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Int J Cancer. 2014 Oct 15;135(8):1940-8. doi: 10.1002/ijc.28840. Epub 2014 Mar 29.

Calcium intake and colorectal cancer risk: dose-response meta-analysis of prospective observational studies.

Author information

1
Department of Nutrition, Harvard School of Public Health, Boston, MA; Department of Epidemiology, Harvard School of Public Health, Boston, MA.

Abstract

Mechanistic and epidemiologic studies provide considerable evidence for a protective association between calcium intake and incident colorectal cancer (CRC). While the relationship has not been substantiated by short-duration randomized controlled trials (RCTs) of CRC, trials do show a benefit on adenomas, a precursor to CRC. To address some of this inconsistency, we conducted dose-response meta-analyses by sources of calcium intake, based on prospective observational studies published up to December 2013 identified from PubMed, Embase, and BIOSIS. Summary relative risks (RRs) and 95% confidence intervals (CIs) were calculated using a random-effects model. For total calcium intake, each 300 mg/day increase was associated with an approximately 8% reduced risk of CRC (summary RR = 0.92, 95% CI = 0.89-0.95, I(2)  = 47%, 15 studies with 12,305 cases, intake = 250-1,900 mg/day, follow-up = 3.3-16 years). While the risk decreased less steeply in higher range of total calcium intake (P(non-linearity)  = 0.04), the degree of curvature was mild and statistical significance of non-linearity was sensitive to one study. For supplementary calcium, each 300 mg/day increase was associated with an approximately 9% reduced risk of CRC (summary RR = 0.91, 95% CI = 0.86-0.98, I(2)  = 67%, six studies with 8,839 cases, intake = 0-1,150 mg/day, follow-up = 5-10 years). The test for non-linearity was not statistically significant (P(non-linearity)  = 0.11). In conclusion, both dietary and supplementary calcium intake may continue to decrease CRC risk beyond 1,000 mg/day. Calcium supplements and non-dairy products fortified with calcium may serve as additional targets in the prevention of CRC. RCTs of calcium supplements with at least 10 years of follow-up are warranted to confirm a benefit of calcium supplements on CRC risk.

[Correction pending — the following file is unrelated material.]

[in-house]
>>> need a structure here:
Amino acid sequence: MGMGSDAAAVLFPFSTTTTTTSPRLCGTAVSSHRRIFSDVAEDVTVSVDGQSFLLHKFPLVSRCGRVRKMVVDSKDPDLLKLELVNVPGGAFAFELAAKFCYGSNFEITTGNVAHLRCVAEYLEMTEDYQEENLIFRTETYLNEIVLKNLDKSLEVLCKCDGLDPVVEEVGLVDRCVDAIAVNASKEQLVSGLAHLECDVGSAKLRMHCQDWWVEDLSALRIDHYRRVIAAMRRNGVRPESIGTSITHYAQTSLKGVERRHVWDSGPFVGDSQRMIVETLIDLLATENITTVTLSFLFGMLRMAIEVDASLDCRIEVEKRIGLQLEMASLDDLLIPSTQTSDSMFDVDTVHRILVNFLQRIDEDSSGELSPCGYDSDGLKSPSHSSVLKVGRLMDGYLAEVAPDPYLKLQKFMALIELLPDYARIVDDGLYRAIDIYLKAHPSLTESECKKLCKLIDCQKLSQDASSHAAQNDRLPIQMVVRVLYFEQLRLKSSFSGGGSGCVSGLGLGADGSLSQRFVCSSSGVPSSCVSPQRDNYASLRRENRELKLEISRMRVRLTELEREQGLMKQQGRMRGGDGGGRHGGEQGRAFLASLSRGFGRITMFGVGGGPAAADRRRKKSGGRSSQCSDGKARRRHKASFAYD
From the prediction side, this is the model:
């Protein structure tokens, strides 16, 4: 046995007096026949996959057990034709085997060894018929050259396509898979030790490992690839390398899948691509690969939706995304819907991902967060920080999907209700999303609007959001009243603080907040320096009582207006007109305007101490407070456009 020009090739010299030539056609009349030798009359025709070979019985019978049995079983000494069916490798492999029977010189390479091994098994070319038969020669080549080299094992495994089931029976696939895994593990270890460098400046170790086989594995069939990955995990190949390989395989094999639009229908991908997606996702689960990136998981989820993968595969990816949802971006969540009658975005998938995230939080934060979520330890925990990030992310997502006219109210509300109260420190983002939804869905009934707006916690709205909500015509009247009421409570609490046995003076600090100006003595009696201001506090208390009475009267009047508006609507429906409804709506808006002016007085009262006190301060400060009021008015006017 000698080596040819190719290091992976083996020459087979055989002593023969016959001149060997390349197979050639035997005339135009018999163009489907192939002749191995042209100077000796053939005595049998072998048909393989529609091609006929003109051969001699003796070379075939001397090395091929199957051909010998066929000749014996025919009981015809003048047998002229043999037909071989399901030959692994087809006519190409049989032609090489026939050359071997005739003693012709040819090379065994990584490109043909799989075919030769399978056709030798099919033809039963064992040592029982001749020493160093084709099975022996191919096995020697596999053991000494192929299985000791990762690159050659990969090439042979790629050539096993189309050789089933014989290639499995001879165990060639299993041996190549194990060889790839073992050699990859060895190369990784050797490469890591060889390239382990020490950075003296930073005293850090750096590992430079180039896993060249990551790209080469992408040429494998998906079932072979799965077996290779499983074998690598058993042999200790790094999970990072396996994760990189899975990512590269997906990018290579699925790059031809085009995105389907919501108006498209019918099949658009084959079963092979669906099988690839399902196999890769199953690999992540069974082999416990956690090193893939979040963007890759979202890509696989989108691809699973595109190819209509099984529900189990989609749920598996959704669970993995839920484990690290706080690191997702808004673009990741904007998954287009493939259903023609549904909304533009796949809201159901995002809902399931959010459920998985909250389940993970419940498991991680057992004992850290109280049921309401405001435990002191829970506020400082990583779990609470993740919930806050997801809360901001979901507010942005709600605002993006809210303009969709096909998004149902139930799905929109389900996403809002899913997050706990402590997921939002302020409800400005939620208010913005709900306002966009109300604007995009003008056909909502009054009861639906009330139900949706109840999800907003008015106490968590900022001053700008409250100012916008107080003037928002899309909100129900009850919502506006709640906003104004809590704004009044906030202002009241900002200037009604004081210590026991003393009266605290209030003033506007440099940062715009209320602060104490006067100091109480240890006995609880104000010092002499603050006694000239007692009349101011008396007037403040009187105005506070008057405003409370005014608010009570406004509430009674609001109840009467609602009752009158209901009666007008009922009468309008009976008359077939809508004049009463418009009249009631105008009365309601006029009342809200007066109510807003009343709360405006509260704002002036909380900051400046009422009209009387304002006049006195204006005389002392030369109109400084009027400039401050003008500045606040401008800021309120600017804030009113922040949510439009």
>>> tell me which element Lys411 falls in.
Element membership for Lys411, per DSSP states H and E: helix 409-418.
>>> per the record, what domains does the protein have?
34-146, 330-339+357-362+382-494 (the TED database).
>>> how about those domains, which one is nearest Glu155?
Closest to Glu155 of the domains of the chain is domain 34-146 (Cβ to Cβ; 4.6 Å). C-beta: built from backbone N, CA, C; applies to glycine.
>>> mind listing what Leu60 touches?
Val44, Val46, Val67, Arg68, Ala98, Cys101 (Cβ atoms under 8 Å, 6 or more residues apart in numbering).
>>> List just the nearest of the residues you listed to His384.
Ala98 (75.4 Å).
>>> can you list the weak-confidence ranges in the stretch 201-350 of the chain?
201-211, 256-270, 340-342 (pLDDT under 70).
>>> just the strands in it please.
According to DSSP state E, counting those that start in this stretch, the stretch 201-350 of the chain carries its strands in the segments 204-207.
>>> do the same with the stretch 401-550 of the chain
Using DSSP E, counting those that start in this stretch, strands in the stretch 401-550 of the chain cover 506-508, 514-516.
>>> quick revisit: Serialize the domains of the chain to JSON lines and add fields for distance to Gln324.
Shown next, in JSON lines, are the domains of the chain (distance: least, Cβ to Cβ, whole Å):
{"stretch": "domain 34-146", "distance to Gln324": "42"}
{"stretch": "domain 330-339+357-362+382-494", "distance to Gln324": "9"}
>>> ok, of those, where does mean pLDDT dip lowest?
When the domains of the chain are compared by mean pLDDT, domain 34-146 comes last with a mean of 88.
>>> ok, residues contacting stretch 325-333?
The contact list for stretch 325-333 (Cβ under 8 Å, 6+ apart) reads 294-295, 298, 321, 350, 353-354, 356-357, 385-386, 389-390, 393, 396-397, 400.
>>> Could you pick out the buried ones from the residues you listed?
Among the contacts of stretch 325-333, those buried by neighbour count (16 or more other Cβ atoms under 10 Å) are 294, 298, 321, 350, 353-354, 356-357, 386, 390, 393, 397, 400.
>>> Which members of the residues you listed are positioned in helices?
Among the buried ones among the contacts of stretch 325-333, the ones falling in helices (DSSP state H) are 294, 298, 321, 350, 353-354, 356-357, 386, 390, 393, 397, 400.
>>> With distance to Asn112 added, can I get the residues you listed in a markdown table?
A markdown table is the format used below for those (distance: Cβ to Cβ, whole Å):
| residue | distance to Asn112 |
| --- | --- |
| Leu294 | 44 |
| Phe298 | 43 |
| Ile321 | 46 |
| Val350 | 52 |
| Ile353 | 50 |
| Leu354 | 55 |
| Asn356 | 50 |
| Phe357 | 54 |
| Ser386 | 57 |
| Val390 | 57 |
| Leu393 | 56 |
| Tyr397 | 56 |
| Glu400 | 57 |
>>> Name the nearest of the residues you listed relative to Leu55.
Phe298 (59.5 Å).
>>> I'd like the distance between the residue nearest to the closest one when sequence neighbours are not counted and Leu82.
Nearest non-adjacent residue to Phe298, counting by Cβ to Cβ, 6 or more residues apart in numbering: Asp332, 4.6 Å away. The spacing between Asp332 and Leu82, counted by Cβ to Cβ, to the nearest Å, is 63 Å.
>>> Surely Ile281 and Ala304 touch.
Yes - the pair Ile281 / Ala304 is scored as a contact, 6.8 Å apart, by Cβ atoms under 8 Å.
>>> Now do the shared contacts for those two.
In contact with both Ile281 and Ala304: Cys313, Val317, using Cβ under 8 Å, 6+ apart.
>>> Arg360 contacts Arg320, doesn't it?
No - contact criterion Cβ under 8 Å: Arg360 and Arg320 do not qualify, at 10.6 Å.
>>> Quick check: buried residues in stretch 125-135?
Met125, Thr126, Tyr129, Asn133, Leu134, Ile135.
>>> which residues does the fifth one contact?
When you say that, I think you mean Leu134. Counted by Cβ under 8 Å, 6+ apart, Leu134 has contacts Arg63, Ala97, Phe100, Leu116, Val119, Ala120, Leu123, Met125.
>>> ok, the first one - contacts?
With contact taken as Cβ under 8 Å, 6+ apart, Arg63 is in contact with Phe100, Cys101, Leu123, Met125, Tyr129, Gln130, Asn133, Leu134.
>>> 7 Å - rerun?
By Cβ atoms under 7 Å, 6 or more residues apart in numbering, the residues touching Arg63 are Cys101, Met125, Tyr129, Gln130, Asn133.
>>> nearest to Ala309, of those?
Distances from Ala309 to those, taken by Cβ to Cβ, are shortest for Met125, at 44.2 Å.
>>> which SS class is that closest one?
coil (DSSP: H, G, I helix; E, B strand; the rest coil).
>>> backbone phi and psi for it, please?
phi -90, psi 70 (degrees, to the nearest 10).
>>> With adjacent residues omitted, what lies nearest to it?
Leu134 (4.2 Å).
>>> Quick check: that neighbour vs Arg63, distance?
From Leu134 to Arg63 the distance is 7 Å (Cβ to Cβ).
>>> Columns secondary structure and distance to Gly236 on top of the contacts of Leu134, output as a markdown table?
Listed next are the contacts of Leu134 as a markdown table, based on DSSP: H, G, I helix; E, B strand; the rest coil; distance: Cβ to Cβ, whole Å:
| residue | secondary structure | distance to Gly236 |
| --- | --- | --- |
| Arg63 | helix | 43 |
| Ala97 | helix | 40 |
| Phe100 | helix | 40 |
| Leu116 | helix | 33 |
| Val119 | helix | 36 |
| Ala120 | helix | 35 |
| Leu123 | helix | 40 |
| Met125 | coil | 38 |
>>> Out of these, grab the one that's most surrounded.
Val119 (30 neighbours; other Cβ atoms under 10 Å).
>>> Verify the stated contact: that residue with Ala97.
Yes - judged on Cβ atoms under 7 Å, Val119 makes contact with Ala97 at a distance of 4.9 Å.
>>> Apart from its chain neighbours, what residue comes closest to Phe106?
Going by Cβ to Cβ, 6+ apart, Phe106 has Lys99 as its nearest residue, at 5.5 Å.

KEYWORDS:

calcium supplements; colorectal cancer; dietary calcium; dose-response; meta-analysis

PMID:
24623471
DOI:
10.1002/ijc.28840
[Indexed for MEDLINE]
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